There have been many articles that, after joining NATO and EU, Estonia has somehow lost target of its foreign policy. I myself have written that our foreign policy should be innovative rather than responsive. All these calls are right, but it is really rare that, together with calls for "improvements and enhancements," something particular is offered. This article does not intend to produce anything new but rather concentrate the ideas from different foreign policy discussions.
Why two-and-a-half targets? To be fair, the idea is not original 's it has been borrowed from the Americans. For years now, the United States has had a standpoint that they should be ready to participate in two major and several small conflicts coincidently. We probably do not have any intention to fight a war on our own; however, such reasoning appears well-grounded. It is never effective to put all your eggs in one basket. By our two main targets/directions, there should always be left time and resources for solving smaller-scale, but not necessarily less challenging, tasks.
First, the most important. In the first position we should probably put what is closest and important to us 's i.e., our own neighborhood. Avoiding conservative patriotism, not looking only at our doorsteps, we should draw a line 's the optimal one should be the region of the Baltic Sea.
Baltic and Nordic cooperation networks, Nordic Dimension, Council of Baltic Sea States 's these are only a few examples of instruments that can be used to stand for the national interests (the national interests should stand behind each policy, as well as foreign policy). Estonia has used these instruments only modestly, yet the potential for Baltic Sea cooperation has been considered to be one of the best in Europe.
What innovations could we offer? Honestly, nothing super extraordinary. But it seems to me that developing the idea of the Northern Dimension, almost abandoned by the Finns, could be useful. Co-opting it with the European New Neighborhood policies options, Poland's ambitions to create the Eastern Dimension, as well as the U.S.A.'s new North European initiative (e-PINE), Northern Dimension could become an interesting option.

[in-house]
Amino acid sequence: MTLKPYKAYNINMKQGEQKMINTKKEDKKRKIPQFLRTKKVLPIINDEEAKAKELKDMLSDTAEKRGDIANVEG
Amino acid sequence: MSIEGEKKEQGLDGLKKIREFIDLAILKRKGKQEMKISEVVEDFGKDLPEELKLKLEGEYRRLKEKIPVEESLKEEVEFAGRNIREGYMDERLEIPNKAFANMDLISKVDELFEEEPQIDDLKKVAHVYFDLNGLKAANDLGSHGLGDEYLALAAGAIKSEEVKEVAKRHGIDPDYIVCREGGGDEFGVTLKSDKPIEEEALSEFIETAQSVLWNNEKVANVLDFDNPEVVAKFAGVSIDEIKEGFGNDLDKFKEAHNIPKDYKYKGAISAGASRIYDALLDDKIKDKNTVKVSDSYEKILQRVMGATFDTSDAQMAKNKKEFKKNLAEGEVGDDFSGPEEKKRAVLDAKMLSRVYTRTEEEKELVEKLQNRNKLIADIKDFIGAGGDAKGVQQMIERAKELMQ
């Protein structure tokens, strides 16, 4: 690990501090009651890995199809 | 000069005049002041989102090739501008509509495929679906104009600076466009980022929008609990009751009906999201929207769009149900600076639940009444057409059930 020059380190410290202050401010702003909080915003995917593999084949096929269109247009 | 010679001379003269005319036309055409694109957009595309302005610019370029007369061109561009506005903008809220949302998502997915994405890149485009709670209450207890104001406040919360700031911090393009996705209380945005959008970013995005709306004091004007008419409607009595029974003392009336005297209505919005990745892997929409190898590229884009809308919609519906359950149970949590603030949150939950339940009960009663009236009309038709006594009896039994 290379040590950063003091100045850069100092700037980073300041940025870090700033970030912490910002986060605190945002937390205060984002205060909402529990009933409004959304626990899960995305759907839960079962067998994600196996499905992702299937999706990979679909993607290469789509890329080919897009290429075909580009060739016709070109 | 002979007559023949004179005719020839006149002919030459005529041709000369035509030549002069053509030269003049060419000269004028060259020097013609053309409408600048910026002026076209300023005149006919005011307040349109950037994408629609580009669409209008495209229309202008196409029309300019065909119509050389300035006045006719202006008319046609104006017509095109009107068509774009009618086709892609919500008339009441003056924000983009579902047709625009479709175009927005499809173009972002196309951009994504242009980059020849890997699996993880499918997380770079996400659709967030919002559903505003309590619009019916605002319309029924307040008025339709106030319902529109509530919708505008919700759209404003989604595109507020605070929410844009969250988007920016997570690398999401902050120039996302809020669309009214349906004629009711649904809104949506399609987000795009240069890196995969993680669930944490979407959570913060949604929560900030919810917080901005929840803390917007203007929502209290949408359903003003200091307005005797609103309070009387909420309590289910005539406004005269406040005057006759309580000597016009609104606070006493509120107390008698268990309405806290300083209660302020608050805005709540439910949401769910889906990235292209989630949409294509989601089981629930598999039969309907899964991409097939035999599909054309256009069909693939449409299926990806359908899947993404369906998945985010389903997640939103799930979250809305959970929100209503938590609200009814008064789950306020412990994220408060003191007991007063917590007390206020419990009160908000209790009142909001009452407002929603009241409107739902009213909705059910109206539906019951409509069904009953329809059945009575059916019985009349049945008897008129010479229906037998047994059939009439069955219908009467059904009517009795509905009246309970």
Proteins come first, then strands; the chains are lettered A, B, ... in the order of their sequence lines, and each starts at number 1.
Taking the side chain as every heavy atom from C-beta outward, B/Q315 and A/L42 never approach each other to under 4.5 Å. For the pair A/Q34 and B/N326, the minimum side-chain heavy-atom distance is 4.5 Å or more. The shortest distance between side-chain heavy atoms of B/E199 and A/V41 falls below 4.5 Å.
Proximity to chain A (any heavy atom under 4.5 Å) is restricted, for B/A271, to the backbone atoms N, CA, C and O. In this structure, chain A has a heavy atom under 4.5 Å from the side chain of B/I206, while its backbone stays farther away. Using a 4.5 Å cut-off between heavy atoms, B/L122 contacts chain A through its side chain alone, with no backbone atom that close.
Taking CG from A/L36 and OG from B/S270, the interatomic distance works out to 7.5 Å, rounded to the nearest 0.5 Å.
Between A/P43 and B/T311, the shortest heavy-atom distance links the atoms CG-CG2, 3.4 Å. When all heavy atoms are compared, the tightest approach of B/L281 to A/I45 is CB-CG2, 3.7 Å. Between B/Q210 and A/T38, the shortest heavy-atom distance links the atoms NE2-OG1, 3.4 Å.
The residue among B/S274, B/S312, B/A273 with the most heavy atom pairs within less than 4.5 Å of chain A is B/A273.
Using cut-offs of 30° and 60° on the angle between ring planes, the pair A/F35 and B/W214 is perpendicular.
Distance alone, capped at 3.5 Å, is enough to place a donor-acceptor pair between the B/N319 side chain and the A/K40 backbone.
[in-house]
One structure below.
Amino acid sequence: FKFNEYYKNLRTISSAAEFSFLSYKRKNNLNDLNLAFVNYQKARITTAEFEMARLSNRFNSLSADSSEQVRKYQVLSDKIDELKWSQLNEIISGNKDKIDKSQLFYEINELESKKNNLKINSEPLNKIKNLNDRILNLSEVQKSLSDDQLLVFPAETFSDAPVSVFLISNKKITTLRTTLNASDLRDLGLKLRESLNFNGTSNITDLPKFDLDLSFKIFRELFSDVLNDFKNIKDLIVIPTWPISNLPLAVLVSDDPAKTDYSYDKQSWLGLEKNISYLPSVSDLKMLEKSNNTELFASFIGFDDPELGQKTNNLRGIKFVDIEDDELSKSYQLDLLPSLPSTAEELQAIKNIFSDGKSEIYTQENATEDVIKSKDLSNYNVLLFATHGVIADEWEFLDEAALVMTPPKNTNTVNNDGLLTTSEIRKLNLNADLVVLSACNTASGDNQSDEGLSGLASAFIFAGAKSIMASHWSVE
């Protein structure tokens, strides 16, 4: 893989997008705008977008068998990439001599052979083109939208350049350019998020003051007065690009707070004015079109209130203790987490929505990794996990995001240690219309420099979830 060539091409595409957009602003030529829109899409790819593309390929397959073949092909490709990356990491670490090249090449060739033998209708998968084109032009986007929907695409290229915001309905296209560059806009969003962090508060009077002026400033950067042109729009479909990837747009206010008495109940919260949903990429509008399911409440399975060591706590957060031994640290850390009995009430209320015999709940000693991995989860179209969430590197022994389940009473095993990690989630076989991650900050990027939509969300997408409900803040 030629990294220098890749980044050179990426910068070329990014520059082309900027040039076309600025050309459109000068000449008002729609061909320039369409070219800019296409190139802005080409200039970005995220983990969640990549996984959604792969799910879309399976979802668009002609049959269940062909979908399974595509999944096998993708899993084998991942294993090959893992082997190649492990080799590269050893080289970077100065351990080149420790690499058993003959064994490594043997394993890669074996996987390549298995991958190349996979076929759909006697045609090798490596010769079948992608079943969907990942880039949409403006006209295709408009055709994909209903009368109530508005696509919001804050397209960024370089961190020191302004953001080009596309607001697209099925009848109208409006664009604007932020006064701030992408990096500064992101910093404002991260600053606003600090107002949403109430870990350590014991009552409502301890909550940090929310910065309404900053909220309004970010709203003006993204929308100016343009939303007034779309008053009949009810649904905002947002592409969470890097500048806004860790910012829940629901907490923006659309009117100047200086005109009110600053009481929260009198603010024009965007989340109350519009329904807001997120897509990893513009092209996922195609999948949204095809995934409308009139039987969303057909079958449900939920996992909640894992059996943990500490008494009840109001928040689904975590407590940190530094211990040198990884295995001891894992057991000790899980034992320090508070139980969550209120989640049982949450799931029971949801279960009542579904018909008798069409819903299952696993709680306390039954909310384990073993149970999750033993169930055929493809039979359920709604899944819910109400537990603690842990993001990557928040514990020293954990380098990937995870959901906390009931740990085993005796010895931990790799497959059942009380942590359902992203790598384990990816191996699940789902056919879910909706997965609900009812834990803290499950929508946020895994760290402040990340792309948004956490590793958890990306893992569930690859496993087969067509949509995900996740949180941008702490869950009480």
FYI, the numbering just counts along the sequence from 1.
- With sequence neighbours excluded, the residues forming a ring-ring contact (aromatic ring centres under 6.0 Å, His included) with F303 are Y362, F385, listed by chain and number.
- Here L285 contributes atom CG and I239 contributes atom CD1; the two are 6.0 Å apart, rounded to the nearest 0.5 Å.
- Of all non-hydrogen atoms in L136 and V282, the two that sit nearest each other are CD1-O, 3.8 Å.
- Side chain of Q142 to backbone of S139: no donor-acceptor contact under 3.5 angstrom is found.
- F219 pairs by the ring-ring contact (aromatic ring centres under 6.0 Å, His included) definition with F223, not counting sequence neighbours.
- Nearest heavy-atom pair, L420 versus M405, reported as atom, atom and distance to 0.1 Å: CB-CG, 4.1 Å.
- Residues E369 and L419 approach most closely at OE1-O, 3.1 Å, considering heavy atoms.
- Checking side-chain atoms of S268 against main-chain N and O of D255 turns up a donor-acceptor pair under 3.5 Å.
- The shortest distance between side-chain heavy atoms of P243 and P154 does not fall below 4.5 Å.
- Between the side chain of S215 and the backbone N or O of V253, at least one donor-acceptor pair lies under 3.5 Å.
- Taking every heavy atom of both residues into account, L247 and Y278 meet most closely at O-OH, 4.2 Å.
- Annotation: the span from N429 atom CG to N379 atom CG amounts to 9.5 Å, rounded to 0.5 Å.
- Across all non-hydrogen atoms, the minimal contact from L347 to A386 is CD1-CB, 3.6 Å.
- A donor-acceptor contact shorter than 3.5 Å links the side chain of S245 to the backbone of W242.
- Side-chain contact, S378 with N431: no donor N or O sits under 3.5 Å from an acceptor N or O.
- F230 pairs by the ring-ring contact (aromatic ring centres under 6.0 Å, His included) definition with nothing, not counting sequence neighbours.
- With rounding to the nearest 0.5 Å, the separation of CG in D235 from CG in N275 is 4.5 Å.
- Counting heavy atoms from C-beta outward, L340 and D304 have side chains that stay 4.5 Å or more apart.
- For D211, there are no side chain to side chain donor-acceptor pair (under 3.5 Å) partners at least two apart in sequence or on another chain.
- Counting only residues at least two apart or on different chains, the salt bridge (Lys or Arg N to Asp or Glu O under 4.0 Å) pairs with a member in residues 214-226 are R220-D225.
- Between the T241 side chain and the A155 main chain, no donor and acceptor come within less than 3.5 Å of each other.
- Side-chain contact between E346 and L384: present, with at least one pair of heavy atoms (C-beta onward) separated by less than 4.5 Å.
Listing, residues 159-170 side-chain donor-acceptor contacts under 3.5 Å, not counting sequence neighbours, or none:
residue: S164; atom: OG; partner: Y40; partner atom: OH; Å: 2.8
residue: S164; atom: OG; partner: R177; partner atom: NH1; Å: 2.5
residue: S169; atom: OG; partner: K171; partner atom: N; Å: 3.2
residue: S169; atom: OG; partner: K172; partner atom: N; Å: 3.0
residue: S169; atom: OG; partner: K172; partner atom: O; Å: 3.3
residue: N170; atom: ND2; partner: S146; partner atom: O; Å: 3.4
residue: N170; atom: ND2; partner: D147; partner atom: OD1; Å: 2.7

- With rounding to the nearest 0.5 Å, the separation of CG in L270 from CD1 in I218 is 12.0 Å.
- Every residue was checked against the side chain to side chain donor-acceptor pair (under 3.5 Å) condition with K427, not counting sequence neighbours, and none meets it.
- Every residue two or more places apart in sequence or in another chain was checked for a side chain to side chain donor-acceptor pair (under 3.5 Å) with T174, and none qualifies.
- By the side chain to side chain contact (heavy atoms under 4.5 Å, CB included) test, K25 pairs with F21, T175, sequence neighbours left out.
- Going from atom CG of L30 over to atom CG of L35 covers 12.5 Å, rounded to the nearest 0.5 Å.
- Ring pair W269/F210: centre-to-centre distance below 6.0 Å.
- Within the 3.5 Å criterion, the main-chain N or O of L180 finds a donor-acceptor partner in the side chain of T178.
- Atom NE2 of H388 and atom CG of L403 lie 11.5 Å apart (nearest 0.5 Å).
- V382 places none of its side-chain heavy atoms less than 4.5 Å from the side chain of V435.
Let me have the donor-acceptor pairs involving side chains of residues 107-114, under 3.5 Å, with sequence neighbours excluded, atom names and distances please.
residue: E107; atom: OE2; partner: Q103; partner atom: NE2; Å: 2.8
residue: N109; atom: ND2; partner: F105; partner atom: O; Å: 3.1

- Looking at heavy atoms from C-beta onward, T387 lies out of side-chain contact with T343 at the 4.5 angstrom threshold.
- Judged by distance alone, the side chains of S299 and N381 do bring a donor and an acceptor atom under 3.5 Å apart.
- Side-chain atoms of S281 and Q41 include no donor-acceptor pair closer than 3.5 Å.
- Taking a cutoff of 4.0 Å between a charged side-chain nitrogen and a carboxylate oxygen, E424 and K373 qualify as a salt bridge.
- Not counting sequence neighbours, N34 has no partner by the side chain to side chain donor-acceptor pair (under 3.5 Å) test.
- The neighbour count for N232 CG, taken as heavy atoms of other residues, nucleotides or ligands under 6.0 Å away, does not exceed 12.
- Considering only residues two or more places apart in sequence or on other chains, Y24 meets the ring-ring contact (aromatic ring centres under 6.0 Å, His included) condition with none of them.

Here, it is most important to involve the northwestern part of Russia in this kind of cooperation. I know it sounds naive: Russia does not wish its regions to have special status cooperation with "near-abroad countries." Russia has also shown its unwillingness, in the framework of new European Neighborhood policy, to become one of many European neighbors. Russia prefers bilateral strategic partnership. But for us it is not important, even not manageable to cooperate with all of Russia, but foremost with its northwestern part.
Secondly, a bit further target. The second target needs to be our participation in ulterior, but still important regions. We can not be expected to considerably contribute to solving Middle East or Indo-China regional problems, but we should at least be informed of problems there. As developments there can in the long term perspective influence Estonia. We definitely could participate in these kind of hotspots, but in the role of students or small partners.
For us it is important to take part in stabilizing- and development programs for CIS countries. Many of those countries have chosen the path of democratic and western integration, and they need our support and experience. We are trusted and 's most importantly 's well understood in these countries. Not because of language skills, but because we have gone through the same developments, we can share our experiences better, than representatives of the so-called "stable societies." For example, Estonians teaching in Georgia have told me how locals ask them "to share how things are really handled."
Only it is not very innovative. As our participation in those projects is expected anyway, we can get more as an initiatory. For example, the long discussed opening of an Estonian embassy in Georgia.
Third, the half one. The third option to make foreign policy active is to participate in those distant crisis regulation and development programs. We have to be there, even if our contribution is a symbolic one. Participation will gain us an invaluable bonus: First, in the form of excellent training and experience both to participants and institutions, and second, the reputation as a trustworthy and adaptable partner.
So, as one can see, the biggest problem is not to verbalize the targets but to offer innovative solutions. In some cases, where every concrete goal seems hard to reach, such innovativeness makes it easier on the whole. Our innovativity could just be in our activity as a partner 's in contrast to the possible reluctance as an ally. Every area of any problem concerning our possible interest and/or abilities should be handled as a challenge. We should verbalize a standpoint and offer a possible solution.
In the end, foreign policy has no other goals than prime protection of our national interests. By being active we can do that better, definitely. Two-and-a-half directions is the quantity that we can manage.
Karmo Tuur teaches at the University of Tartu, department of political science and works at the Academic Research Center for Baltic and Russian studies